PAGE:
The Anarchist Individualist Initiation
E. Armand’s Anarchist Individualist Initiation is arguably one of the great “lost” classics of the anarchist tradition, not simply as one of the most extensive expositions of anarchist individualism, but as one of the more carefully elaborated treatments of anarchist thought in any form. Part manifesto and part textbook, it manages to be at once a very personal, appropriately individual statement and a sort of catechism—though a consciously pluralistic one. In giving this “attempt to reveal the multiple facets of the anarchist individualist thesis” the significant title of Initiation,” Armand naturally invited some comparisons to the teachings of various religions. A few years later, the Encyclopédie Anarchiste, to which Armand was a contributor, would defined initiation in these terms:
INITIATION n. (from Latin initiatio) Act of initiating or of being initiated. Ceremony by which one was initiation into knowledge of and participation in certain mysteries in ancient religions and secret societies. By extension, introduction, first knowledge: artistic initiation, literary initiation.
In antiquity the initiation was the ceremony by which a candidate was admitted into the mysteries of some cult, which gave them the right to witness and participate in the honors rendered to the divinity that was the object of worship. All the religions have had their mysteries and, consequently, their initiates. It is through initiation that the ancient clergy was recruited, and the more mysterious the esoteric meaning of a cult was, the longer and more difficult were the trials judged necessary in order to be initiated. Secrecy was always imposed on the initiates. There were several degrees in the initiation, by which one arrived at the contemplation of the holy mysteries. Christianity has also had its initiatives. In the Middle Ages, the adepts of magic were recruited through initiation, which was for them a security measure.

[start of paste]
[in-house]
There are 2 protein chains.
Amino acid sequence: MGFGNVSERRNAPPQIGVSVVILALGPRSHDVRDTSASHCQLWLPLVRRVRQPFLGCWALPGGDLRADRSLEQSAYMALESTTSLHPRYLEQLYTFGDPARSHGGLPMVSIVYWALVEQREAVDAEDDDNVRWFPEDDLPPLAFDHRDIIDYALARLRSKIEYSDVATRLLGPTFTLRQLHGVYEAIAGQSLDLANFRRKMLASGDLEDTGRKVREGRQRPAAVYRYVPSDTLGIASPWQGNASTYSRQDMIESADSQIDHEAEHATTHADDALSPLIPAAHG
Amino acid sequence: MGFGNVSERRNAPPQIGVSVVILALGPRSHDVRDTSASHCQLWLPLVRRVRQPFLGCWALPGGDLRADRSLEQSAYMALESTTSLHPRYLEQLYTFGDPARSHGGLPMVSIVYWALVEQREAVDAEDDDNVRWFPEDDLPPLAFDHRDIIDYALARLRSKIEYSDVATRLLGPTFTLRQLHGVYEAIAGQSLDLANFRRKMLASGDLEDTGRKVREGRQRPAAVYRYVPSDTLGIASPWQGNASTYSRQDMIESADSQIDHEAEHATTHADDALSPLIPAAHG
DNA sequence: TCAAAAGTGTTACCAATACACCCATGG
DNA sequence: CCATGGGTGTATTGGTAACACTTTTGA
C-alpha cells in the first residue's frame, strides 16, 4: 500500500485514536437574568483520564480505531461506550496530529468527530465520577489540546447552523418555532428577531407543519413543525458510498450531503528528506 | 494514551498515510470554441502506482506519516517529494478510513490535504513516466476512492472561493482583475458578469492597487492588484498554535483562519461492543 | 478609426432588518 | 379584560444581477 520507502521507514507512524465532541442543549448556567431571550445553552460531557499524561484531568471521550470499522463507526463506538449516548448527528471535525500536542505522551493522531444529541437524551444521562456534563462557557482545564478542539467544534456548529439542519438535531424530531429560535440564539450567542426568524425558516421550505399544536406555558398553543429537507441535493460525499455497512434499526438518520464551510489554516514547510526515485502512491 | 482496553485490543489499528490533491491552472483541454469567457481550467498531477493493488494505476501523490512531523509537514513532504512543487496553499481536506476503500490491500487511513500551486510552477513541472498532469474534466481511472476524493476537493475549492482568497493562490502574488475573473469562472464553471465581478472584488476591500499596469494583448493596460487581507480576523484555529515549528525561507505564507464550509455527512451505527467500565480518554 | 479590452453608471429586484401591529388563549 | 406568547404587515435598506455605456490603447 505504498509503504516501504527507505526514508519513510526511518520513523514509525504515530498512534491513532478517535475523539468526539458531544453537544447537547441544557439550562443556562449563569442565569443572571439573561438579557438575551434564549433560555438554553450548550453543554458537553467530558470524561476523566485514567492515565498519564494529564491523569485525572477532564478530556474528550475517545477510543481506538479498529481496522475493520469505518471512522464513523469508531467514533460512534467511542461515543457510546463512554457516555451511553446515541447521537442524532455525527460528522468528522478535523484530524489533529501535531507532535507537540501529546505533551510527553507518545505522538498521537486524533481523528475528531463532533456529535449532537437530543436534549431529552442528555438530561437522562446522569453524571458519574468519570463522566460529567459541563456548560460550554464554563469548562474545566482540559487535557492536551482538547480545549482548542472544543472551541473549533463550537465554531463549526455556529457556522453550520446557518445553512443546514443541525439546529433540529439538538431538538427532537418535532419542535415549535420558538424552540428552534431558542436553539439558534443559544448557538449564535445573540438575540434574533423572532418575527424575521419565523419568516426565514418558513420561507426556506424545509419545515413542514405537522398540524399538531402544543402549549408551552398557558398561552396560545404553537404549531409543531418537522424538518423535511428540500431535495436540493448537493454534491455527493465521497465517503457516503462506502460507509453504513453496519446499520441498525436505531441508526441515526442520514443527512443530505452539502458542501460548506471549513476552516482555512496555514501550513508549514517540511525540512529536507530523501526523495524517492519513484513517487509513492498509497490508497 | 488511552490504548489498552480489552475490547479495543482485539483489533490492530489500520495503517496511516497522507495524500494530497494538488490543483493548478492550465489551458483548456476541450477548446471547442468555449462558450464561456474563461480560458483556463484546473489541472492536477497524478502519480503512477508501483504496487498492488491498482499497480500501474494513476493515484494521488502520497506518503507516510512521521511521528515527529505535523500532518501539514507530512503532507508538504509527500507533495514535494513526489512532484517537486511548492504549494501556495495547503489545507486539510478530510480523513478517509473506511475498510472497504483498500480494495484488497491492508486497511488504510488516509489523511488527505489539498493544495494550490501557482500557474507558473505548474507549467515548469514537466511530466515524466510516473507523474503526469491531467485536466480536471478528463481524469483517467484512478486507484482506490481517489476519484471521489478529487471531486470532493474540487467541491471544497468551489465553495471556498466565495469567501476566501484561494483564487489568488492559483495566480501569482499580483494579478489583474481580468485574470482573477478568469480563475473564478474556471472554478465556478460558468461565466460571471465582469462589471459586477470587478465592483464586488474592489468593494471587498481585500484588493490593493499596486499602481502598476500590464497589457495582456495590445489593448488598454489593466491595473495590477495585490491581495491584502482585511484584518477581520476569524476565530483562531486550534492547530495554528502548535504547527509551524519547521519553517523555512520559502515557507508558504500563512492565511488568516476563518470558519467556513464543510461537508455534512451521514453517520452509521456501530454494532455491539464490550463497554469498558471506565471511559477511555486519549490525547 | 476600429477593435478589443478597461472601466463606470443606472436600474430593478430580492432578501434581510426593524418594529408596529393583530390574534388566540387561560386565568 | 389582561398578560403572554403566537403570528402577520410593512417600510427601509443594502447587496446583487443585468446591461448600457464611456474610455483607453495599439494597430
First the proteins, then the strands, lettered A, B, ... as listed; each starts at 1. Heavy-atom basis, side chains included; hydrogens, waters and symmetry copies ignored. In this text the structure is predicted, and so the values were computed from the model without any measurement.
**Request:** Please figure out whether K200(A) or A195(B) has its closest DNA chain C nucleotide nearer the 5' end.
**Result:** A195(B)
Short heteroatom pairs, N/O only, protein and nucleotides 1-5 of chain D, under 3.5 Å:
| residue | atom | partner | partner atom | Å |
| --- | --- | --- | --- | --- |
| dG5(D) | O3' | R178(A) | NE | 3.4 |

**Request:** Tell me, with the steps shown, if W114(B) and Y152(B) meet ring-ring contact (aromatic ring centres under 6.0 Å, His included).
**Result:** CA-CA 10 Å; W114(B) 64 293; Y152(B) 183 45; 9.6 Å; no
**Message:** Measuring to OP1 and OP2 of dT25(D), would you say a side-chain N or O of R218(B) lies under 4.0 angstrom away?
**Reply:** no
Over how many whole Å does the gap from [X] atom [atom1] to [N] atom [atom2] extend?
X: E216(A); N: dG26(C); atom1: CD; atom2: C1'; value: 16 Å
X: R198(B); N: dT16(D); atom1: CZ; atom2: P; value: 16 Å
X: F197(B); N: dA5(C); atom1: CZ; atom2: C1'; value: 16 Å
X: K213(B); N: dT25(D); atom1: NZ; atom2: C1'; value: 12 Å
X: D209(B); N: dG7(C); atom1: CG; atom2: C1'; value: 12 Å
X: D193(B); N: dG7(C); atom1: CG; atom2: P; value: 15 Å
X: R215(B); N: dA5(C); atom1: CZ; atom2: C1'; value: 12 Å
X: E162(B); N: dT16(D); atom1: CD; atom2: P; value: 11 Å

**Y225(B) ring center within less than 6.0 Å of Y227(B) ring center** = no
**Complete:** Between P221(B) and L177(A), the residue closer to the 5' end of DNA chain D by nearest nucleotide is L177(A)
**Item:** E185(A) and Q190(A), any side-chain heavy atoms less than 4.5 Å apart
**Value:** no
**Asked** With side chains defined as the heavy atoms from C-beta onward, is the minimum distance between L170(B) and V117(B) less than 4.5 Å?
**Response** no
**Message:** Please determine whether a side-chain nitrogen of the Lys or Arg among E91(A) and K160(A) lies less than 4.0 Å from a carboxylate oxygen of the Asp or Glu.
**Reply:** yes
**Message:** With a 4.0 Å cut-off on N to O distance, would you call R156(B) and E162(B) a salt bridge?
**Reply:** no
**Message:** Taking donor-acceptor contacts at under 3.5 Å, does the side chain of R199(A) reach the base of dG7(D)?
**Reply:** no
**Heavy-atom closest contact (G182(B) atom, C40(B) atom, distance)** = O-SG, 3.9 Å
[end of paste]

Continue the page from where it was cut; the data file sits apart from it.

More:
The associations created with a mystical aim are not the only one that have practiced initiation. It has also be practiced by the schools of philosophy, as well as societies having a political or social goal: freemasonry, for example.
But the mysteries here are of an anti-authoritarian, anti-absolutist variety and we are encouraged, I think, to be as unfaithful to the letter of Armand’s text as we are to be faithful to its spirit. After all, even a much less individualistic thinker, Armand’s sometimes antagonist Jean Grave, would say of his own work:
Our dreams of the future society are in no way precise or unchanging, and, what’s more, the realization of one does not exclude the realization of others — excepting, it is understood, those that preserve a place for authority or for individual appropriation.
The translation here is a work-in-progress. I began with a French text that was substantially, but not always perfectly complete and only discovered some of its shortcomings well into the translation process. That means that, along with revisions of the translation itself, I am gradually checking the text against a rather fragile copy of the original publication. Sections that have been given their own page can be considered more or less finished. Other sections should be used with care. I am providing a parallel French/English text as well, so that those interested in consulting the original can do so easily.
— Shawn P. Wilbur
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